“Composition over inheritance” is an object-oriented programming principle that I’m sad to say many devs I’ve encountered aren’t too familiar with. Composition provides greater flexibility, modularity, and extensibility in large software systems as compared to inheritance, especially for statically typed languages like Java that don’t support multiple inheritance The most common examples of the problems caused by too much inheritance involved generic object such as the game objects example in the wikipedia page linked above.
For the better part of my software development career so far, I’ve had the doubtful pleasure of being one of the devs using and maintaining our in-house web development framework. Framework coding is a bit different from the actual application development. At the core it’s a simple idea: you have a whole bunch of code that helps do programming tasks that you expect will often be necessary in a certain set of projects, so you write that code with the intent of reusing it across multiple projects.
“We will encourage you to develop the three great virtues of a programmer: laziness, impatience, and hubris.” — Larry Wall, Programming Perl (1st edition) Hubris is a fancier word for an excessive sense of pride. Why is this to be considered a great virtue for a programmer? Programming is at least partly an act of creation, which means there is an element of craftsmanship involved. A craftsman imbued with hubris is able to take pride in his work – he is driven to create work that is the best quality he can provide.
… especially for strongly-typed languages. In one of the bigger Java projects that I took over, I was often annoyed to find some devs had written method signatures like public void doTheThing(HashMapparams) Which is silly – not because of the naming, that’s obviously not a real-world function name. The silly part is requiring a particular implementation (HashMap) instead of the generic interface (Map). It unnecessarily restricts your API and makes it less flexible.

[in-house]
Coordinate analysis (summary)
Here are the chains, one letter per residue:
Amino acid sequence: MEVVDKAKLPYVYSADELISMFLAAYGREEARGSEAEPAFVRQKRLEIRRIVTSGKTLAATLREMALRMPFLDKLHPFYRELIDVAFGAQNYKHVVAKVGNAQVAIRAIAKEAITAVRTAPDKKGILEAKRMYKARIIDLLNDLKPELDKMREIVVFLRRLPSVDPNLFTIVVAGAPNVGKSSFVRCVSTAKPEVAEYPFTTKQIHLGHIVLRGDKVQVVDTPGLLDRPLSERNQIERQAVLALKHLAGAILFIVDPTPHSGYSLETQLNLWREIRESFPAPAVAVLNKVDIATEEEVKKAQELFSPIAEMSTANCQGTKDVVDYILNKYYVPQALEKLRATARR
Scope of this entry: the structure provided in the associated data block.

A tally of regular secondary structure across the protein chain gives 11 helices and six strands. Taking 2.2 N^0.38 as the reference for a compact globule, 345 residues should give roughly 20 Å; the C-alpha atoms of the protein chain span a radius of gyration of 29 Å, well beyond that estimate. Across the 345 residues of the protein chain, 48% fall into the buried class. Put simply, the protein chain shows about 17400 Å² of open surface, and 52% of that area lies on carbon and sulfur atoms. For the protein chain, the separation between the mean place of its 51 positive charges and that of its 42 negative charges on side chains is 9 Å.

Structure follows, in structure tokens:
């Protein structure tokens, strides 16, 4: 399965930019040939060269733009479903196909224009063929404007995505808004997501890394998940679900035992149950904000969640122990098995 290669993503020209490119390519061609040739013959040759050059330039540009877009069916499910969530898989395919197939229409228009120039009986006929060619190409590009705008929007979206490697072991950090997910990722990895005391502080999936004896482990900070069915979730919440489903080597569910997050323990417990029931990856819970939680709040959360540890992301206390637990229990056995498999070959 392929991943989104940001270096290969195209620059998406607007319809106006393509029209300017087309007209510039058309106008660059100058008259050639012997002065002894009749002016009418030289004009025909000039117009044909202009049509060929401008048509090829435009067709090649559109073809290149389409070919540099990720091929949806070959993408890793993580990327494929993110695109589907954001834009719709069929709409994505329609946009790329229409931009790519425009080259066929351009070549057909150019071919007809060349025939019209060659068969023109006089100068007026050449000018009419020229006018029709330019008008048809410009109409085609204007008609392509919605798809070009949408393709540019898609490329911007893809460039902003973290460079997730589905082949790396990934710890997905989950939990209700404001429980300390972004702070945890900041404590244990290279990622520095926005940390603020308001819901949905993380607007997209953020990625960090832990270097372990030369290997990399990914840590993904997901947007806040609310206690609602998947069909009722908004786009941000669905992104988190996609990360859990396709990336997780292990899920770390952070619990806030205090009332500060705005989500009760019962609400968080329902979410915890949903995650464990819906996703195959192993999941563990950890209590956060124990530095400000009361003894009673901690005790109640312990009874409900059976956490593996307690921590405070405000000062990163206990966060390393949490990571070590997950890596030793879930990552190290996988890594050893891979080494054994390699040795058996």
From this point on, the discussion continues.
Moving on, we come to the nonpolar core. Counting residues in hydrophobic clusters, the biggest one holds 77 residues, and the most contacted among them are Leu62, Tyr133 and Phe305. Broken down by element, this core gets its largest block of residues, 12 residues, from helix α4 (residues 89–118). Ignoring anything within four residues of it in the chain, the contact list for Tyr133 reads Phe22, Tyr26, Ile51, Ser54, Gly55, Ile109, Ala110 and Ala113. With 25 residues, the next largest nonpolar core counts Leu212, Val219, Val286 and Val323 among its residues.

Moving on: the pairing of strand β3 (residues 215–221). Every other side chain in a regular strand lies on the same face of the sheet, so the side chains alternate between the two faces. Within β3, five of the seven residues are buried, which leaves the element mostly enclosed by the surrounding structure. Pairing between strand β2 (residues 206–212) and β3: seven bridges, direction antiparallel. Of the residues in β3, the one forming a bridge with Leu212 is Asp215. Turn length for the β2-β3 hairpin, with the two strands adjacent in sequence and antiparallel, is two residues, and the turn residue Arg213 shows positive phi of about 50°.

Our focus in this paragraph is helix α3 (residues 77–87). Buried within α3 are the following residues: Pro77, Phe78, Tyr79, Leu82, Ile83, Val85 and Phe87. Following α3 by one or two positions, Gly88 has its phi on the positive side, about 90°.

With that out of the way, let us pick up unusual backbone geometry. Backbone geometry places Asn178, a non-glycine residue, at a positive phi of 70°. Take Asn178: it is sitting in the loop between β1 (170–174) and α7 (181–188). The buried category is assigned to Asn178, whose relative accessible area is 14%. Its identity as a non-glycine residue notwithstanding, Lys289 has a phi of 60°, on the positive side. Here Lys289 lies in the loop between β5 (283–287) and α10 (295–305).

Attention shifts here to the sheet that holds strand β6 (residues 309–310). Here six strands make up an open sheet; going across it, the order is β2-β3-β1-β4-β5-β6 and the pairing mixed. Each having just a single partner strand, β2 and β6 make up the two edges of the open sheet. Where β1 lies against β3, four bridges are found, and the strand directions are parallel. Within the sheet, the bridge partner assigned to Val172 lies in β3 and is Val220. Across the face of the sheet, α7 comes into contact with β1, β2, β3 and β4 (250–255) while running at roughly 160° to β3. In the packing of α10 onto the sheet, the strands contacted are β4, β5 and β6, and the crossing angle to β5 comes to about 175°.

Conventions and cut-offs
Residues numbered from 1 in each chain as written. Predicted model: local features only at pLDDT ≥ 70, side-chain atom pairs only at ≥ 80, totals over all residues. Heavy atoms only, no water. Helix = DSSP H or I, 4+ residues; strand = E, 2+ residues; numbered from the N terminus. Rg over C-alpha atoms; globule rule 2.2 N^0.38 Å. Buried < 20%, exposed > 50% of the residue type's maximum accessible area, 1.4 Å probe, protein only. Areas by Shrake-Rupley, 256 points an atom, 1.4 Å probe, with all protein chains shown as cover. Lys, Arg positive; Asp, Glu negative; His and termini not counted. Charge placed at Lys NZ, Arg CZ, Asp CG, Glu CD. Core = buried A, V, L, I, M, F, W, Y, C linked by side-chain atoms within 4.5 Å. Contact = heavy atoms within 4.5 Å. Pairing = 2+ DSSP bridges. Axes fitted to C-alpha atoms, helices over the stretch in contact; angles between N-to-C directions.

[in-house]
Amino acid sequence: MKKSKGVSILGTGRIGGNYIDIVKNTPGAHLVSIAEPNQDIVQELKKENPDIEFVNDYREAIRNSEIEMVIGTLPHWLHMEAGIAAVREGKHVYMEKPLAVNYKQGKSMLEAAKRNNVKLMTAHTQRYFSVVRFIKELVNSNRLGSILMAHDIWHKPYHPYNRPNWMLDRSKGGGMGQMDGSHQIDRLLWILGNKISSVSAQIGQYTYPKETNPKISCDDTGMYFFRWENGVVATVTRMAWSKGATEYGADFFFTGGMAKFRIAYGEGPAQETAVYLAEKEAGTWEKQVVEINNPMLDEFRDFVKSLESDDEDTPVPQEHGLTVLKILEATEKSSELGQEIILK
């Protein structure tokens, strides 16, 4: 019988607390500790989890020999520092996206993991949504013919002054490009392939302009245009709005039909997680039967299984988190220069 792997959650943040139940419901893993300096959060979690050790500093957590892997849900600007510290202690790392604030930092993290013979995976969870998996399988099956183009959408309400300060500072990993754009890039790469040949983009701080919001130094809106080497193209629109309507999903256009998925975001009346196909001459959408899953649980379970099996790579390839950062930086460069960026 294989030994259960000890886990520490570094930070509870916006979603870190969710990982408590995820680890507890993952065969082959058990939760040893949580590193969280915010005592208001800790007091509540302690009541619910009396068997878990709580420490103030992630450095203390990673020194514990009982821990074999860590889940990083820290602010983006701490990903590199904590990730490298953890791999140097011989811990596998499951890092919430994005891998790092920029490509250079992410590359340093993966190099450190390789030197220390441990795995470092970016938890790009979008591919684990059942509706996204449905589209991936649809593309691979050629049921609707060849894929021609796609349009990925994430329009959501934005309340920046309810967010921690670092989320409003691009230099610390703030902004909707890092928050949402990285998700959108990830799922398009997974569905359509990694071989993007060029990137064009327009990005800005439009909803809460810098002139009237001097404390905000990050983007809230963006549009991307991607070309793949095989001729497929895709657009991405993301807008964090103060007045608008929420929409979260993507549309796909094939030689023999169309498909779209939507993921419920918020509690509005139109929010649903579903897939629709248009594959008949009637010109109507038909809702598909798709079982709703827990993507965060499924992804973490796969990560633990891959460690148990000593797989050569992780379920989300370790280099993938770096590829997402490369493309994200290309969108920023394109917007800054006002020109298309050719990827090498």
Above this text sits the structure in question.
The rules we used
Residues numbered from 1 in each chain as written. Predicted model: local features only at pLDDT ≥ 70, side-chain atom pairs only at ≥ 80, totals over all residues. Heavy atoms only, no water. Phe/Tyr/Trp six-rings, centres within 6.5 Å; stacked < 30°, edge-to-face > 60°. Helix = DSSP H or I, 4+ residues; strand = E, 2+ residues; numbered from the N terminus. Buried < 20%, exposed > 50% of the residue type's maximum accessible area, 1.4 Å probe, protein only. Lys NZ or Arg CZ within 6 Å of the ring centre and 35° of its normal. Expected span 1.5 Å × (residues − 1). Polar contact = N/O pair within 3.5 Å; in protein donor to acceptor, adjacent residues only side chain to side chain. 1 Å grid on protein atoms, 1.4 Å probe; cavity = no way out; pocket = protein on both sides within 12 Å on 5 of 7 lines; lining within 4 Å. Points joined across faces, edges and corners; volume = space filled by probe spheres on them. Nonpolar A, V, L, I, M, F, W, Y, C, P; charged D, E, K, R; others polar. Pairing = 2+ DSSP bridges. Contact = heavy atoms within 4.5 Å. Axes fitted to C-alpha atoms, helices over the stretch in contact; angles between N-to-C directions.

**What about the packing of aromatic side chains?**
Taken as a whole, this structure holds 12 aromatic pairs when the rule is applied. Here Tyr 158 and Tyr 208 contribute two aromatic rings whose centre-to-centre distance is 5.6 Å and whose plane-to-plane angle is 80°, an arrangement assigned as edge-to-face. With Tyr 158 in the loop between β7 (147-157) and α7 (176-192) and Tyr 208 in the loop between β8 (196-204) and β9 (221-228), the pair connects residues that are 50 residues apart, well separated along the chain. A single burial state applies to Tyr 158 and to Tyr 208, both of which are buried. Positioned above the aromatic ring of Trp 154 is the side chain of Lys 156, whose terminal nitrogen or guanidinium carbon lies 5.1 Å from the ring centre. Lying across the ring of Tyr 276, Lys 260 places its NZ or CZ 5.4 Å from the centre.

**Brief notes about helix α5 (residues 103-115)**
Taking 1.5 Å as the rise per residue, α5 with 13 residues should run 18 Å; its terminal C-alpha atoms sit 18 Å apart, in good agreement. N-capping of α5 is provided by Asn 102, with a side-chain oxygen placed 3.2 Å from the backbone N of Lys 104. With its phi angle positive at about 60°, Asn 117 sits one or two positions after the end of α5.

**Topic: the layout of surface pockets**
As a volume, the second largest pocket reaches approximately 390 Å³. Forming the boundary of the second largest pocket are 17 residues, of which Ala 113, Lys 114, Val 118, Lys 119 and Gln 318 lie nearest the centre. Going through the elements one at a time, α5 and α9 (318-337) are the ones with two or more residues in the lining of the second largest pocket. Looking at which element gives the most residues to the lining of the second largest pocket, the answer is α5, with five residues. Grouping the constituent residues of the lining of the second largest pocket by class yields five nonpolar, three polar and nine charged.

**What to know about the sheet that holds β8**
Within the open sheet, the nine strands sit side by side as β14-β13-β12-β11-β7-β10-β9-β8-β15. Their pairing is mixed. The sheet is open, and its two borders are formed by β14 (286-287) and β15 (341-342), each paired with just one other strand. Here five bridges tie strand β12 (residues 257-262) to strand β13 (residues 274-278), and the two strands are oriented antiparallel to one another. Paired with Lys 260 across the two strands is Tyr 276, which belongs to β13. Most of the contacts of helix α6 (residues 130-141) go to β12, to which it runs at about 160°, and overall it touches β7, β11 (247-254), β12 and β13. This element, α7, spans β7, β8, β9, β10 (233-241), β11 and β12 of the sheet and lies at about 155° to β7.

Overhead scale up rapidly as project team size increases. Every time you add a new person to the team, he comes with a lot of overhead such as the need to learn the project details, responsibilities of other team members, who to consult when there’s trouble, custom project procedures, and so on It’s a reinforcing cycle too. As overhead increases, the team imposes more processes and restrictions to make sure everyone is doing the right thing and there are no screw-ups.
Overtime in software development projects seems to be a given. Sure, there are projects and companies that don’t need it, but those feel like the exception rather than the norm Overtime in software development is a natural consequence of schedule pressure and the fact that estimation is hard, which is why it’s understandably common, but that doesn’t mean we shouldn’t try to avoid it More than once I’ve been in a situation where the team stays overnight to try to get a build or release ready for the next day only to run out of time and have to delay the deployment anyway.
A while back, news came out that an AI was able to perform a diagnosis after the human doctors were stumped. Having just finished binge-watching the entire run of Star Trek Voyager, I immediately thought that was the sort of AI advancement that could lead to such things as Voyager’s Emergency Medical Hologram, an AI which could replace a human doctor. Of course, it is still very unlikely for this to happen anytime soon, medicine is a very complex field and new things are still being discovered all the time.
Without a doubt, the number one problem in software development projects is schedule pressure, that is, the pressure to meet unreasonable deadlines and targets Almost all other problems can be overcome if there were no schedule pressure: weaker developers could be mentored to become better, more productive, and commit less faults less faults overall will be committed anyway if there were no schedule pressure poor requirements could be threshed out in more detail difficult clients can be argued, worn-down, and eventually reasoned with problematic team members can be counseled, or replaced with new blood and so on But of course, the reality is that we live in a world with deadlines and targets, many of them set by people who have no idea about the complexities of software development.